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beamsplitters

glowdye

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I am looking for a non polarizing beam splitter. larger size if possible. can trade high voltage parts such as 10kv .005uf caps, high voltage 2 M Ohm resistors, lots of mosfets, schottkey diodes etc.
 



diachi

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Alaskan

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What ratio and wavelength? I am sure you have been looking for them with that in mind. I see NP BS on ebay from time to time cheap, but you have to wait awhile.

OK, I came back to add more, I went looking on ebay, there are lots for good prices but are you looking for a cube, or a plate and what ratio of BS? I have always searched for beam splitter cubes in the past, not plates. I'm finding flat plate beam splitters for good prices. i.e this 30/70 plate: http://www.ebay.com/itm/30R-70T-BK7-Plate-Beamsplitter-50-x-50-x-3mm-1-lot-of-2-pcs-/222403622468

Something like this would be good to increase the power measuring range of a LPM. I saw a 25/75 ratio plate listed too, increase your LPM top end measurement range by 4X with that one. But if all you wanted was to increase your LPM measurement range, stacking a bunch of microscope slides would do that too by a fairly predictable amount due to reflections, if they were flat enough.

What cha building with it, or what application?
 
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CurtisOliver

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I know that, non polarised cubes can be expensive and also have lower power recommendations. I was looking into them in order to combine my NUBM44's together without having a hideous cross shaped beam, and also to allow easier beam correction.
 
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Alaskan

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To avoid the crossed + pattern, OptLasers combines the output of two 638nm laser diodes using a 1/4 wave rotator so when used with a PBS cube, the rectangle pattern produced from each diode fall exactly on top of one another avoiding that pattern. Is that what you were looking into doing, the same thing? Not cheap when adding the cube and the rotator, but nice :)

 

CurtisOliver

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Yes, that is what I want to do. I was trying to work out what would be cheaper. A waveplate and pbs, or using a npbs. Thanks Alaskan. :)
 

diachi

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Yes, that is what I want to do. I was trying to work out what would be cheaper. A waveplate and pbs, or using a npbs. Thanks Alaskan. :)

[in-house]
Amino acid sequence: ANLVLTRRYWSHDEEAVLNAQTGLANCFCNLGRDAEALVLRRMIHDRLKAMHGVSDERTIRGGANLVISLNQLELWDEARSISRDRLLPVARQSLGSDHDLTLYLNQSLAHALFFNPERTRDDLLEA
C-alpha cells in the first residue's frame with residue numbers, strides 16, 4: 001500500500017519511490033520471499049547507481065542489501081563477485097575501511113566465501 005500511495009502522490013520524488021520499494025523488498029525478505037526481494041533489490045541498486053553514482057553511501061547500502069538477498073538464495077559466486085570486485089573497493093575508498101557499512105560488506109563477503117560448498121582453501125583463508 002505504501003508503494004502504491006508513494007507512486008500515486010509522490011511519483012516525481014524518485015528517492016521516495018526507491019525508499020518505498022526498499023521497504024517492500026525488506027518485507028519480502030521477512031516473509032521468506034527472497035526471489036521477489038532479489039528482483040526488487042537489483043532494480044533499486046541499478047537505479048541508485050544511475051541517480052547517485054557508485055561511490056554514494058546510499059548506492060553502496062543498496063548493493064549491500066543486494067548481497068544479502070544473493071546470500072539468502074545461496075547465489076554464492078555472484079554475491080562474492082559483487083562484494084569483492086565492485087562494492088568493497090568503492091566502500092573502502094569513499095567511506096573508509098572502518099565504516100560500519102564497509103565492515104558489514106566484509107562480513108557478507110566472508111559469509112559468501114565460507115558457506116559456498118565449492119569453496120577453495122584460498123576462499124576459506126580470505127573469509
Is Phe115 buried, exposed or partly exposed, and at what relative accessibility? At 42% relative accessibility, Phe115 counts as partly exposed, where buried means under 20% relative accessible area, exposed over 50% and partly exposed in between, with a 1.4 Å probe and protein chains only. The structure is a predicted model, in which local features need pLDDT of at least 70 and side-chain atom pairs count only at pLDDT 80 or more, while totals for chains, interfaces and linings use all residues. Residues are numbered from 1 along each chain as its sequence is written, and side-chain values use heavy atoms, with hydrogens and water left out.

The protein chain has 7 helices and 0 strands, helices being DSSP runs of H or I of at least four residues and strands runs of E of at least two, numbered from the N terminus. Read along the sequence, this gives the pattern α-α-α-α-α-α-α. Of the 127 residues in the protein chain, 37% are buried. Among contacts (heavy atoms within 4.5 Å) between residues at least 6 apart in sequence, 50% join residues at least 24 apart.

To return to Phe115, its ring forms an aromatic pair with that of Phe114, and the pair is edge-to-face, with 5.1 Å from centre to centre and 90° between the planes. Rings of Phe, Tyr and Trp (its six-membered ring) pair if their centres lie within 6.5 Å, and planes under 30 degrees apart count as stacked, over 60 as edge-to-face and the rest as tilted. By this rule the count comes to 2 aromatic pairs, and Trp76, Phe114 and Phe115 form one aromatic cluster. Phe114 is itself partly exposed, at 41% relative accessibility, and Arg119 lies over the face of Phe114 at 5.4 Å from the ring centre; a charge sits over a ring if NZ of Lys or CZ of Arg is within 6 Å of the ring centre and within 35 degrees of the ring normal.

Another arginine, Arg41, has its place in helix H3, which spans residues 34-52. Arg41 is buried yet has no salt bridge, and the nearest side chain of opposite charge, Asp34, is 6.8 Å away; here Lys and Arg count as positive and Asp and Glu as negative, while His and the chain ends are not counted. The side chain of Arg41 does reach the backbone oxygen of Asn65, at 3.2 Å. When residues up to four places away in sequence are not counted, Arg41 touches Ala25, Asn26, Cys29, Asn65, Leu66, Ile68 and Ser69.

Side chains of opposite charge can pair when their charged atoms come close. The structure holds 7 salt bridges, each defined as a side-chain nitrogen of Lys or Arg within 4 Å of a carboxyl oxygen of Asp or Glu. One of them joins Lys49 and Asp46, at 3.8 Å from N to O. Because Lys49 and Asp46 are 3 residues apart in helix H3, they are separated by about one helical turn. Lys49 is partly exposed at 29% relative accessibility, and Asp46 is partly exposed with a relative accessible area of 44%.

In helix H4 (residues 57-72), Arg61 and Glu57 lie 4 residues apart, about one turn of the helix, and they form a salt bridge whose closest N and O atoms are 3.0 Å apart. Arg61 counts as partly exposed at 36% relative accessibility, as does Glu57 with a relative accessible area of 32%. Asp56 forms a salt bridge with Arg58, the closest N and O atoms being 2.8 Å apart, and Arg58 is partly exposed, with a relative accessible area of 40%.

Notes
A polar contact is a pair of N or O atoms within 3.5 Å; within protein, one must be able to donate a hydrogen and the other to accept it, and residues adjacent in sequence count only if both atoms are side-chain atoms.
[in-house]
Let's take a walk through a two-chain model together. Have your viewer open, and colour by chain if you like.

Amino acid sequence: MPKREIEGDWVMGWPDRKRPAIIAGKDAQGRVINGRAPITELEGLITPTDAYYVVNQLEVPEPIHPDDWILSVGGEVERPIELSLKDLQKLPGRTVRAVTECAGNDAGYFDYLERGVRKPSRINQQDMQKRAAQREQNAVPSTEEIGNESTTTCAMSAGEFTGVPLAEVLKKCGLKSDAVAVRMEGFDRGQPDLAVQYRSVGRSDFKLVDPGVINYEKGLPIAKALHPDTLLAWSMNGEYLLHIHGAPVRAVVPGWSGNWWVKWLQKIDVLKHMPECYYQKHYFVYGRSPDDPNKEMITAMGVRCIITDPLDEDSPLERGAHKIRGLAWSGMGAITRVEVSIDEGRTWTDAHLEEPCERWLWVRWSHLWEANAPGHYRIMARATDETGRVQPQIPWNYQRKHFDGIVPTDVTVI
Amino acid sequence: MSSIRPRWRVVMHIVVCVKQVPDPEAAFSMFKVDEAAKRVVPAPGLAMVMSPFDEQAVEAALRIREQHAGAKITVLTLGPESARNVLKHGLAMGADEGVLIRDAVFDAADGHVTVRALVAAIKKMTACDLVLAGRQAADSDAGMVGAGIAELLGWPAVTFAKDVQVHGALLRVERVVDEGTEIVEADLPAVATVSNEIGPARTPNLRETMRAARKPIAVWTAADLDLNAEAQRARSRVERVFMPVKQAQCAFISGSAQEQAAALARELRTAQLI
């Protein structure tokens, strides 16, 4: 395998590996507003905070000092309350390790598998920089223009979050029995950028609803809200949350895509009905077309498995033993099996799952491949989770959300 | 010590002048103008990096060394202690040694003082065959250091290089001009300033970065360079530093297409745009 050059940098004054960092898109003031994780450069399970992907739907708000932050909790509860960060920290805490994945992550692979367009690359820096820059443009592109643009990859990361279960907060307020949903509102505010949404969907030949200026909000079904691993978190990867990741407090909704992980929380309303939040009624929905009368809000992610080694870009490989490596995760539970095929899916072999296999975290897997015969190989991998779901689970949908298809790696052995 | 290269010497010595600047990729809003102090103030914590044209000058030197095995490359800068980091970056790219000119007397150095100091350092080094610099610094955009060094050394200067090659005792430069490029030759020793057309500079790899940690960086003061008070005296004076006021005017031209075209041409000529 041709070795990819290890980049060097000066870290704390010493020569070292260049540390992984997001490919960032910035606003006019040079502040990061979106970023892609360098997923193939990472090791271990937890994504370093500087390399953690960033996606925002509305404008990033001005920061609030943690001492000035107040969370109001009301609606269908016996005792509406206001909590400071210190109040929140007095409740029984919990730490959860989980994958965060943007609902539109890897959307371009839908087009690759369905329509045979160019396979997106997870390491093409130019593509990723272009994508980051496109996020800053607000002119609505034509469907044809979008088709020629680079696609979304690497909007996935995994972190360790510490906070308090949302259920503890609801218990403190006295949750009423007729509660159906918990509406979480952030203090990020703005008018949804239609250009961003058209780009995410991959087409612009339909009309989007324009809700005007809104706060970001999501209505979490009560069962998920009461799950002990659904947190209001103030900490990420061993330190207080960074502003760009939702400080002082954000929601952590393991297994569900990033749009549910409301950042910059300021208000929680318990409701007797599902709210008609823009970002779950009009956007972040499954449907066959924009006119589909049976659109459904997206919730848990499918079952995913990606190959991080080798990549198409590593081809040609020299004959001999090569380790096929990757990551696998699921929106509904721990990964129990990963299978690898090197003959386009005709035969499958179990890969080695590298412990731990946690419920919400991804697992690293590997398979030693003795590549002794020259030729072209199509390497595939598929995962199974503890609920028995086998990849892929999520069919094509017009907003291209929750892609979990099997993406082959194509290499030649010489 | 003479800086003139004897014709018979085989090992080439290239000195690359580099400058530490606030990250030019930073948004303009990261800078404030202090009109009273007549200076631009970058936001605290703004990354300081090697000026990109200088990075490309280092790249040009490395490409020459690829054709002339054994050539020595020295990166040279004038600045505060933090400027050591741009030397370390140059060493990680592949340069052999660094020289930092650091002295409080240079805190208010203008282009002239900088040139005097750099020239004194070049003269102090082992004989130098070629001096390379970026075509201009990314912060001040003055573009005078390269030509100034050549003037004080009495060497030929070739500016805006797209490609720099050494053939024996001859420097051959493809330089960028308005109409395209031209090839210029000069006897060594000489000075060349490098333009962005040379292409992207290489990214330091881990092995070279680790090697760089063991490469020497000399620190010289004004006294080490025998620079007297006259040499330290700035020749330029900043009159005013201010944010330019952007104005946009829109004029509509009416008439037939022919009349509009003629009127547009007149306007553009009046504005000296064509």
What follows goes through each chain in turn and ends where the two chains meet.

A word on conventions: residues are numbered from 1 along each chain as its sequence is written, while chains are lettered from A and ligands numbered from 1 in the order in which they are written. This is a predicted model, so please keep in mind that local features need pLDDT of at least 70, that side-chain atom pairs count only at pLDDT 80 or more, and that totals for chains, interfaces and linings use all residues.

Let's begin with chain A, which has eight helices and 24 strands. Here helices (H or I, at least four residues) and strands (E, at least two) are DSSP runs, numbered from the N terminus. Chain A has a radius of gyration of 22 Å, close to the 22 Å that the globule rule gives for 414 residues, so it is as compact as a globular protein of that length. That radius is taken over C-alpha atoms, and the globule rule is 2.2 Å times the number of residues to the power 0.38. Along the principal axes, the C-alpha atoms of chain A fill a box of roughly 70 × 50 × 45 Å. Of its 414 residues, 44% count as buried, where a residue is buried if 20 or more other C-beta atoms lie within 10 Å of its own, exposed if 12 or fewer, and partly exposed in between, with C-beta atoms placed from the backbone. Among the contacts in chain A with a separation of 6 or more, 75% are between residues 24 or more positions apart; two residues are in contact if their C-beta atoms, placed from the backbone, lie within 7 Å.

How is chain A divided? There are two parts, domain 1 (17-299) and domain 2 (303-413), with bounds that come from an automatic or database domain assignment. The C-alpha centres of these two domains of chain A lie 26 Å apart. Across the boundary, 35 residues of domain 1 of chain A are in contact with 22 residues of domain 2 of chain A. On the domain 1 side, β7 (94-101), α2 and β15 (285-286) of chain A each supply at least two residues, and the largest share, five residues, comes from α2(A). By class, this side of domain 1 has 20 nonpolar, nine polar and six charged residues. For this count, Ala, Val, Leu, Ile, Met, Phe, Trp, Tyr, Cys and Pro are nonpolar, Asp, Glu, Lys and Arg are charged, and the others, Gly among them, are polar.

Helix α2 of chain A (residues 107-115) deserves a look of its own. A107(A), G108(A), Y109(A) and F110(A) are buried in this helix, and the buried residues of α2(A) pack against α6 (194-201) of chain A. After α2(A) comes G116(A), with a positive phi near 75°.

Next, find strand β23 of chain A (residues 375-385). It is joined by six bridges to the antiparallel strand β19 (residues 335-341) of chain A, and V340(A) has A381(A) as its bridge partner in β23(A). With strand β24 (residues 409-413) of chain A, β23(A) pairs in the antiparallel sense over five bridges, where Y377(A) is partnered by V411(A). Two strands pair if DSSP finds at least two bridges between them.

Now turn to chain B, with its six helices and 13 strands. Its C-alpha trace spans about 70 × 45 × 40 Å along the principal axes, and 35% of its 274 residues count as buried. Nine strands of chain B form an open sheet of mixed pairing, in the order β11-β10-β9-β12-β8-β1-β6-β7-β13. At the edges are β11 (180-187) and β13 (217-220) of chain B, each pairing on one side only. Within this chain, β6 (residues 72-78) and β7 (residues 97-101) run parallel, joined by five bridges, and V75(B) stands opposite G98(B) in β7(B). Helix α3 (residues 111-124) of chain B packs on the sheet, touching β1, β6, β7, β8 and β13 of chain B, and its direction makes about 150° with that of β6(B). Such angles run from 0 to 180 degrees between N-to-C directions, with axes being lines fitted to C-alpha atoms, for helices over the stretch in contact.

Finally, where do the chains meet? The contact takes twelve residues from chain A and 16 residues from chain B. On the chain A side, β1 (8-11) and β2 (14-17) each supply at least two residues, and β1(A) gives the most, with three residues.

Alaskan bet me to it! :p

You can't combine beams using a non-polarizing beamsplitter anyway. ;)
 

CurtisOliver

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Oh, I asked the manufacturer whether it was possible and he stated it was. Just as well I didn't go through with it then. :p
And yes Alaskan got there first. :na:
 

diachi

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Oh, I asked the manufacturer whether it was possible and he stated it was. Just as well I didn't go through with it then. :p
And yes Alaskan got there first. :na:

It'd work, but not in the sense you're thinking.

You'd combine the beams, but you'd still end up with two beams at around the same power as the original beams.

Beam one would pass through say 50% and be reflected 50%. The other beam would have 50% passed and would combine with one half of the other beam (the reflected half), but 50% would be reflected and combined with other half of the first beam.

So it works, just not the way you want. :p
 

CurtisOliver

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Er... that is exactly the effect I was going for. :D
No i'd better stick with a waveplate and a pbs then. :p
 

diachi

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CurtisOliver

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I will try to avoid knife-edging. I want the beams to overlap each other perfectly. That dichro thread was interesting. A good idea. Thanks for your help Diachi. :beer:
 

Alaskan

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Wish I could find a PBS beam splitter with a hole through it and see if I could coaxially combine three beams. The one going through the hole would need to be a much smaller beam diameter while the other two expanded. Would be kinda weird though, divergences wouldn't match.
 

CurtisOliver

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I simply wish there was a way of combining many laser beams into one, keeping the original beam specs, therefore avoiding knife-edging.
Your PBS with a hole would be fairly unusual and would lead to a unique beam profile. :)
 

Alaskan

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I saw an old post at PL where someone wanted to find one of those, or have one made, but I don't know if they did or not.
 




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